The intent of treatment is to remove all visible warts and is guided by wart size, number, and location, patient preference, cost, convenience, side effects, and physician preference.  There are treatments that patients can apply and those that physicians can administer.

Patient applied treatments:

  • Aldara (Imiquimod) 3.75% or 5% cream: topical immune enhancer; 5% applied once at bedtime, three times weekly for up to 16 weeks or 3.75% applied at bedtime every night
  • Condylox (Podofilox) 0.5% solution or gel: anti-mitotic drug that is applied twice daily for 3 days followed by 4 days of rest; this can be repeated for up to 4 cycles
  • Veregen (Sinecatechins) 15% ointment: green tea extract applied three times daily for up to 16 weeks

Physician administered treatments:

  • Cryotherapy with liquid nitrogen or cryoprobe: destroys warts by freezing causing frostbite
  • Surgical removal by excision, laser or electrosurgery
  • TCA (Trichoroacetic acid) or BCA (bichloroacetic acid): caustic agents that destroy warts by chemically coagulating proteins; can be repeated weekly as necessary

It is important to know that treatment does not eradicate the HPV virus itself.  Even after treatment, HPV can remain present and still be transmitted to partners. It is not uncommon for genital warts to recur after treatment, especially in the first few months. Sexual activity should be avoided until after treatment.  Although condoms lower the chances of transmitting genital warts, they are not infallible because HPV can infect areas that are not covered by a condom.

HPV-induced Cancers

Certain types of HPV (oncogenic types) can give rise to cancer  of the vulva, vagina, cervix, penis, anus and oropharynx.  HPV-16 and HPV-18 are the types that most commonly cause cancer. HPV is estimated to be responsible for 7-8% of all human malignancies.  HPV is associated with 96% of cervical cancers, 93% of anal cancers, 64% of vaginal cancers, 51% of vulvar cancers, 36% of penile cancers, and 63% of oro-pharyngeal cancers.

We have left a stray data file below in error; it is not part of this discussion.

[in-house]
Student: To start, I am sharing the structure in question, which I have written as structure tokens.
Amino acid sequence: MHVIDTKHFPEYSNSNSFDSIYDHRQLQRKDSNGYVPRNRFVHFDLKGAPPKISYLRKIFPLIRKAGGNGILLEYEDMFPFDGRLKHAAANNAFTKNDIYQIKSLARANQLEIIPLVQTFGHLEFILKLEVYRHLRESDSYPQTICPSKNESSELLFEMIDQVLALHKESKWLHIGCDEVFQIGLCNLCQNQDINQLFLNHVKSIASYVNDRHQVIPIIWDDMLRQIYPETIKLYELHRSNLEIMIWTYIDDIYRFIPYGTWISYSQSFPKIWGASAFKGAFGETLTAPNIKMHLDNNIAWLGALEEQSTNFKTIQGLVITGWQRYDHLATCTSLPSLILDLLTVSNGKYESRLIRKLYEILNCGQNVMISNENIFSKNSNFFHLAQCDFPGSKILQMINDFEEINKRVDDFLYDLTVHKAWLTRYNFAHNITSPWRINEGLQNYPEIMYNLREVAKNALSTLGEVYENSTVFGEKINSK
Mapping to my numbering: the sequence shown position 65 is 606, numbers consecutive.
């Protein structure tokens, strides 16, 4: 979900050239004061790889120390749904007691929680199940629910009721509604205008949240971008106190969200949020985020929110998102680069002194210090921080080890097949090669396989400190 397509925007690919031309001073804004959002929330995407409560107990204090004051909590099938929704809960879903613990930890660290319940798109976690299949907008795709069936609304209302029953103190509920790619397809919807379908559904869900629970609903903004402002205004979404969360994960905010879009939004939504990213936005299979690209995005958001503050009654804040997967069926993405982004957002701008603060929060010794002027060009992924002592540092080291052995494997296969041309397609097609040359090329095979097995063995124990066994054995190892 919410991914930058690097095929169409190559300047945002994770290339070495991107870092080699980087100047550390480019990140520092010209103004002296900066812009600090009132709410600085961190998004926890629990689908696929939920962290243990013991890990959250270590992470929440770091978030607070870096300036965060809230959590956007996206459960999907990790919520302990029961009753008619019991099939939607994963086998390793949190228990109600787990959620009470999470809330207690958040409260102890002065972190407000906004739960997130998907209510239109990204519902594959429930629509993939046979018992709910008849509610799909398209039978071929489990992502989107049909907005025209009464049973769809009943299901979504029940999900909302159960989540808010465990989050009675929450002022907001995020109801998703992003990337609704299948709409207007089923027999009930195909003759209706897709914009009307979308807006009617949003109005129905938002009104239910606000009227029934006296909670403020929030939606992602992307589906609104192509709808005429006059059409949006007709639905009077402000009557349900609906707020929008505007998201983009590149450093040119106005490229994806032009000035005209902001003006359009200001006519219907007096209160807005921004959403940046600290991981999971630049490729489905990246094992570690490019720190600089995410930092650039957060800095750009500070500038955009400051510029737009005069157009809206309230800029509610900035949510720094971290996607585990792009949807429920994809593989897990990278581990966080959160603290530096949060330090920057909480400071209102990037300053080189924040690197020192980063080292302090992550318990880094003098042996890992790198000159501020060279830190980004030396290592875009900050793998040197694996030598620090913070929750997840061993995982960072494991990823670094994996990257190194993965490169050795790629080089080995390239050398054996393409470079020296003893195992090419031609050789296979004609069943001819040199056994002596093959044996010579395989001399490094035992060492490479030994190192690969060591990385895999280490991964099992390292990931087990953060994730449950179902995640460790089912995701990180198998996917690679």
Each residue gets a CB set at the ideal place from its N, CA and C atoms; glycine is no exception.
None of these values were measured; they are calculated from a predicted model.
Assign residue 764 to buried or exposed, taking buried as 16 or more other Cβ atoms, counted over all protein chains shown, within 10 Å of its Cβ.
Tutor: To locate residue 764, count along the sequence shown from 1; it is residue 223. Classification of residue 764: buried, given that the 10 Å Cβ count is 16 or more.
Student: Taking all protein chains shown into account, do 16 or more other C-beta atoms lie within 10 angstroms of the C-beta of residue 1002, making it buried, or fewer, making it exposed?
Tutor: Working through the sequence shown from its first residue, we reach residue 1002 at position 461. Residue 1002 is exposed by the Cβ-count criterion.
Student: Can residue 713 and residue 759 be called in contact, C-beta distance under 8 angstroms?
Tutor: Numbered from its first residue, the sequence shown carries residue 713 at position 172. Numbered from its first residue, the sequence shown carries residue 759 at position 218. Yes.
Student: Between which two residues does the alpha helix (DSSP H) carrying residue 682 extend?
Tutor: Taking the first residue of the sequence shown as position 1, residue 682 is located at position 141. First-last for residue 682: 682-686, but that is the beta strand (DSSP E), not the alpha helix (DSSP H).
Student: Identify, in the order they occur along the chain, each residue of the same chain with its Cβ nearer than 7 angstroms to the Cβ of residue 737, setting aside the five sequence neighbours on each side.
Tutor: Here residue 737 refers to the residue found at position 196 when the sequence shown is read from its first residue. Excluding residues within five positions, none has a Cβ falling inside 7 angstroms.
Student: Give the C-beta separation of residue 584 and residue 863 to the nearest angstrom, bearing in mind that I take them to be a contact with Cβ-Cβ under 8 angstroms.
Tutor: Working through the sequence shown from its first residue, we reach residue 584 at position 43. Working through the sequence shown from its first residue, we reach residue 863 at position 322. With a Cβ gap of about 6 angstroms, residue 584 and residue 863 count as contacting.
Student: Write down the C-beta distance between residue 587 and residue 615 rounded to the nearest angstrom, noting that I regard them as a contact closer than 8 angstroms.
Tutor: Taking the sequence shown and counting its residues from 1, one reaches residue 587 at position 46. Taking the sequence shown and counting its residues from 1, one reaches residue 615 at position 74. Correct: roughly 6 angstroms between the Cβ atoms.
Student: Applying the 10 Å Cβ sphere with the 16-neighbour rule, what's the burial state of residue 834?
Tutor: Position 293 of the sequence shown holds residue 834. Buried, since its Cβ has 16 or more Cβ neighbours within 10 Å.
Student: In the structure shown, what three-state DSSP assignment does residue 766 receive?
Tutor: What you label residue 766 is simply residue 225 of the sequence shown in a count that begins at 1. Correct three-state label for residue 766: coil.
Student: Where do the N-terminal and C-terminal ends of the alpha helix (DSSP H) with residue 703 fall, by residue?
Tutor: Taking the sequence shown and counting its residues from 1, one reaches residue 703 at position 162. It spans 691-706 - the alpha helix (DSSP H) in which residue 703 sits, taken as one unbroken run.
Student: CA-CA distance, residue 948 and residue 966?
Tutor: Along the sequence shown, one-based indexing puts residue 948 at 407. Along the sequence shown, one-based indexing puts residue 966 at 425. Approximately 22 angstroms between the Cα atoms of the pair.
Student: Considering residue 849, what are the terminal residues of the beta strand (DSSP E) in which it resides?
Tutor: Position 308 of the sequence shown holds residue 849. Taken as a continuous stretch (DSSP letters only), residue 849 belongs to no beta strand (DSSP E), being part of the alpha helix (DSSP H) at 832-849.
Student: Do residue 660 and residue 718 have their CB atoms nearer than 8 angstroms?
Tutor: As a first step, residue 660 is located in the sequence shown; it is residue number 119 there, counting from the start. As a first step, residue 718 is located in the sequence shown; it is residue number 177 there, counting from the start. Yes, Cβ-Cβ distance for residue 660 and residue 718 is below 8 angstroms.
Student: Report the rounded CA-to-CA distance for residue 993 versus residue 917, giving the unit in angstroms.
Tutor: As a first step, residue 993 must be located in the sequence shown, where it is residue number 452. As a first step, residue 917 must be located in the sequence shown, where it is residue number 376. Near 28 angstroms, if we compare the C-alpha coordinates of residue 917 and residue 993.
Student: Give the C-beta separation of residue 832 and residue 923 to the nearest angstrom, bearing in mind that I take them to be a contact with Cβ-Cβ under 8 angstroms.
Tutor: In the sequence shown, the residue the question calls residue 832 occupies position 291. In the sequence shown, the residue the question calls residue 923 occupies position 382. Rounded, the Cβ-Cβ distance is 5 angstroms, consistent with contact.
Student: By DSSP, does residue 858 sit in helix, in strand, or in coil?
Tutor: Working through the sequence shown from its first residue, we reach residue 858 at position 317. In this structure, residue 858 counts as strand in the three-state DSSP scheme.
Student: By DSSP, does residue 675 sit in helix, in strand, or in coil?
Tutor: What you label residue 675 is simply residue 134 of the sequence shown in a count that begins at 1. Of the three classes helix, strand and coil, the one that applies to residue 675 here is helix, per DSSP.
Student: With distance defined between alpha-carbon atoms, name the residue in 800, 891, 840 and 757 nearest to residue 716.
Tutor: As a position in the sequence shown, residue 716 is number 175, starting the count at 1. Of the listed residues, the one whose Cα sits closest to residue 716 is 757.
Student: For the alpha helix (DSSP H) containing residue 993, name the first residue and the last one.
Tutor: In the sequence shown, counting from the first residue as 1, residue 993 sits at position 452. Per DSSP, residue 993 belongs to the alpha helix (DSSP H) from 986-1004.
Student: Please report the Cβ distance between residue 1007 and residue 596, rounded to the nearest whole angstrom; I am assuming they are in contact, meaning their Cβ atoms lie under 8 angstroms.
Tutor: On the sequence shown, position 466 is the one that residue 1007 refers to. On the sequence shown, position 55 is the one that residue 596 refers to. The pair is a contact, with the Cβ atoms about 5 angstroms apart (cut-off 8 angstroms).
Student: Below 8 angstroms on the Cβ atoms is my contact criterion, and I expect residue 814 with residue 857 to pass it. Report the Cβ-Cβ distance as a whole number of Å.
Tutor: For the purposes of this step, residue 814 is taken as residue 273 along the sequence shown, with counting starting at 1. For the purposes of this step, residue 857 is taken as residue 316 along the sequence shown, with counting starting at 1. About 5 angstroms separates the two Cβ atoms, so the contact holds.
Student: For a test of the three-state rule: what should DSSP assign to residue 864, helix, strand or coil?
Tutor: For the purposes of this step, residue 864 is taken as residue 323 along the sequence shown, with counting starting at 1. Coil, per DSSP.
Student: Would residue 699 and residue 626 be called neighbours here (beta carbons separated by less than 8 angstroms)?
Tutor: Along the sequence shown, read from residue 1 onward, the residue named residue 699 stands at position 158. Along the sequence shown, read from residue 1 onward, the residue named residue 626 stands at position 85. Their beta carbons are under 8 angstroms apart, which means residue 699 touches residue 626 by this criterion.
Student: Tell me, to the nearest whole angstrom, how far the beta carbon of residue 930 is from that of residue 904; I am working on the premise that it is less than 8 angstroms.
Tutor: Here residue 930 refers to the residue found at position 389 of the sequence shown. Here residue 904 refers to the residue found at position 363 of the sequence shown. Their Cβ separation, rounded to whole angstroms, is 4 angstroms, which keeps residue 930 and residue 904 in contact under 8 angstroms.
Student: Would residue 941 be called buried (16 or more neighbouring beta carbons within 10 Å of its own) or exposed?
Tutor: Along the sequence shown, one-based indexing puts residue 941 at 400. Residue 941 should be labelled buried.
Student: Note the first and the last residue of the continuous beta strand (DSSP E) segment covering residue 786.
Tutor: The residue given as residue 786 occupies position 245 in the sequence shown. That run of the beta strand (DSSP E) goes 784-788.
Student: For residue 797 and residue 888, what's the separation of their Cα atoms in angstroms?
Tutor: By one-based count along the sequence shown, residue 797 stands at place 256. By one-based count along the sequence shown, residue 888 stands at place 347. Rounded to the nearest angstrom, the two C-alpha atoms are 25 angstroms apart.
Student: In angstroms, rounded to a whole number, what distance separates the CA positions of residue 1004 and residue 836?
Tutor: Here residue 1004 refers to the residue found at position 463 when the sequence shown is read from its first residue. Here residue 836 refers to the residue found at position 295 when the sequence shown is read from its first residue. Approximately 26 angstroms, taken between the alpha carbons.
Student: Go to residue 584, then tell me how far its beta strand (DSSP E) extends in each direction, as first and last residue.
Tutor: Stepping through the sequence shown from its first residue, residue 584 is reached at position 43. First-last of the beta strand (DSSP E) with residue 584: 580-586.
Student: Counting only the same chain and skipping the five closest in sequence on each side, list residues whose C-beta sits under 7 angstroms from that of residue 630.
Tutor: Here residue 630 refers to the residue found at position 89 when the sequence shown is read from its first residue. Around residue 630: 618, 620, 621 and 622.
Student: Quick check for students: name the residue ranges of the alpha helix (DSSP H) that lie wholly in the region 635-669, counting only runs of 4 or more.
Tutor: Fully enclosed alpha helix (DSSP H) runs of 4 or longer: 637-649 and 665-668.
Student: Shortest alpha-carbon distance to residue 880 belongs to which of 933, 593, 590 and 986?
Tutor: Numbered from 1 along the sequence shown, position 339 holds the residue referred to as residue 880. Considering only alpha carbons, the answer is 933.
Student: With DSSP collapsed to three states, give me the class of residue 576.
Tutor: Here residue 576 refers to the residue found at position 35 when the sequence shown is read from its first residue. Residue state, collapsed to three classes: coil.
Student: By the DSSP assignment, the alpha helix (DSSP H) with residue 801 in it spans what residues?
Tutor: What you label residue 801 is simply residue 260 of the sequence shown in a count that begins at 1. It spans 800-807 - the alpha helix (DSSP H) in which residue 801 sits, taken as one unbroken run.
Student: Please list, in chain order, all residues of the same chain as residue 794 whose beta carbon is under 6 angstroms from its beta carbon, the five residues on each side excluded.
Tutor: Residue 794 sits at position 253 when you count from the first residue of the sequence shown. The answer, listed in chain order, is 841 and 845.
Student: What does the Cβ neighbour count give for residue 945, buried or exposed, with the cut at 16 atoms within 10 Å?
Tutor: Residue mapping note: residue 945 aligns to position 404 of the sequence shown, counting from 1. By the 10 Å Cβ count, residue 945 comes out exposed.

HPV gives rise to abnormal cell changes of the cervix (dysplasia) that can ultimately lead to cervical cancer. Cervical cancer is completely preventable if precancerous cell changes are identified and treated early, before cervical cancer develops. Diagnostic regimens use cervical Pap smears, HPV DNA testing, and colposcopy (visual inspection of the vagina with magnification).  Cervical cancer has been the most studied of all the varieties of cancer that HPV can cause and was the first cancer in females to be identified as being caused exclusively by a viral infection. The association between HPV and cervical cancer was proven by a German researcher, Harald zur Hausen, who was awarded a Nobel Prize in Medicine for his work. He ultimately cloned HPV-16 and HPV-18 viral subtypes from patients with cervical cancer.

Oro-pharyngeal cancers include cancers of the tonsils, base of tongue and the back of the throat.  The survival rate of these HPV-related head and neck cancers is much better than for that of tobacco-related head and neck squamous cell cancers that are not HPV-related. The last few years have witnessed an alarming increasing incidence of HPV-related oro-pharyngeal cancers, particularly in men.

HPV Testing

HPV genotype testing via 3 commercially available kits can be done at the time of a Pap smear in females.  Although HPV genotype testing via swabbing obvious lesions can be done in males, it is not FDA-approved for use in men as it is for women. Anal cytology (examination of cells from the anus and rectum) and anoscopy (a visual inspection of the anal canal and rectum with a small scope) can be done in men suspicious of harboring anal HPV.

HPV Vaccination 

The HPV vaccine was developed in Australia at the University of Queensland by Ian Frazer and Jian Zhou.  In 2006, Gardasil–the first HPV preventive vaccine– was marketed by Merck. It was not until 2014 that the FDA approved it in the USA.

Prophylactic HPV vaccination is a potent tool to prevent HPV-related cancers and ano-genital warts.  In Australia, due to the effectiveness of vaccination and screening, cervical cancer mortality is almost zero.  It is important to know that the vaccine does NOT treat existing HPV or genital warts.

There are three formulations available:

HPV 16/18 Cervarix (Glaxo/Smith/Kline)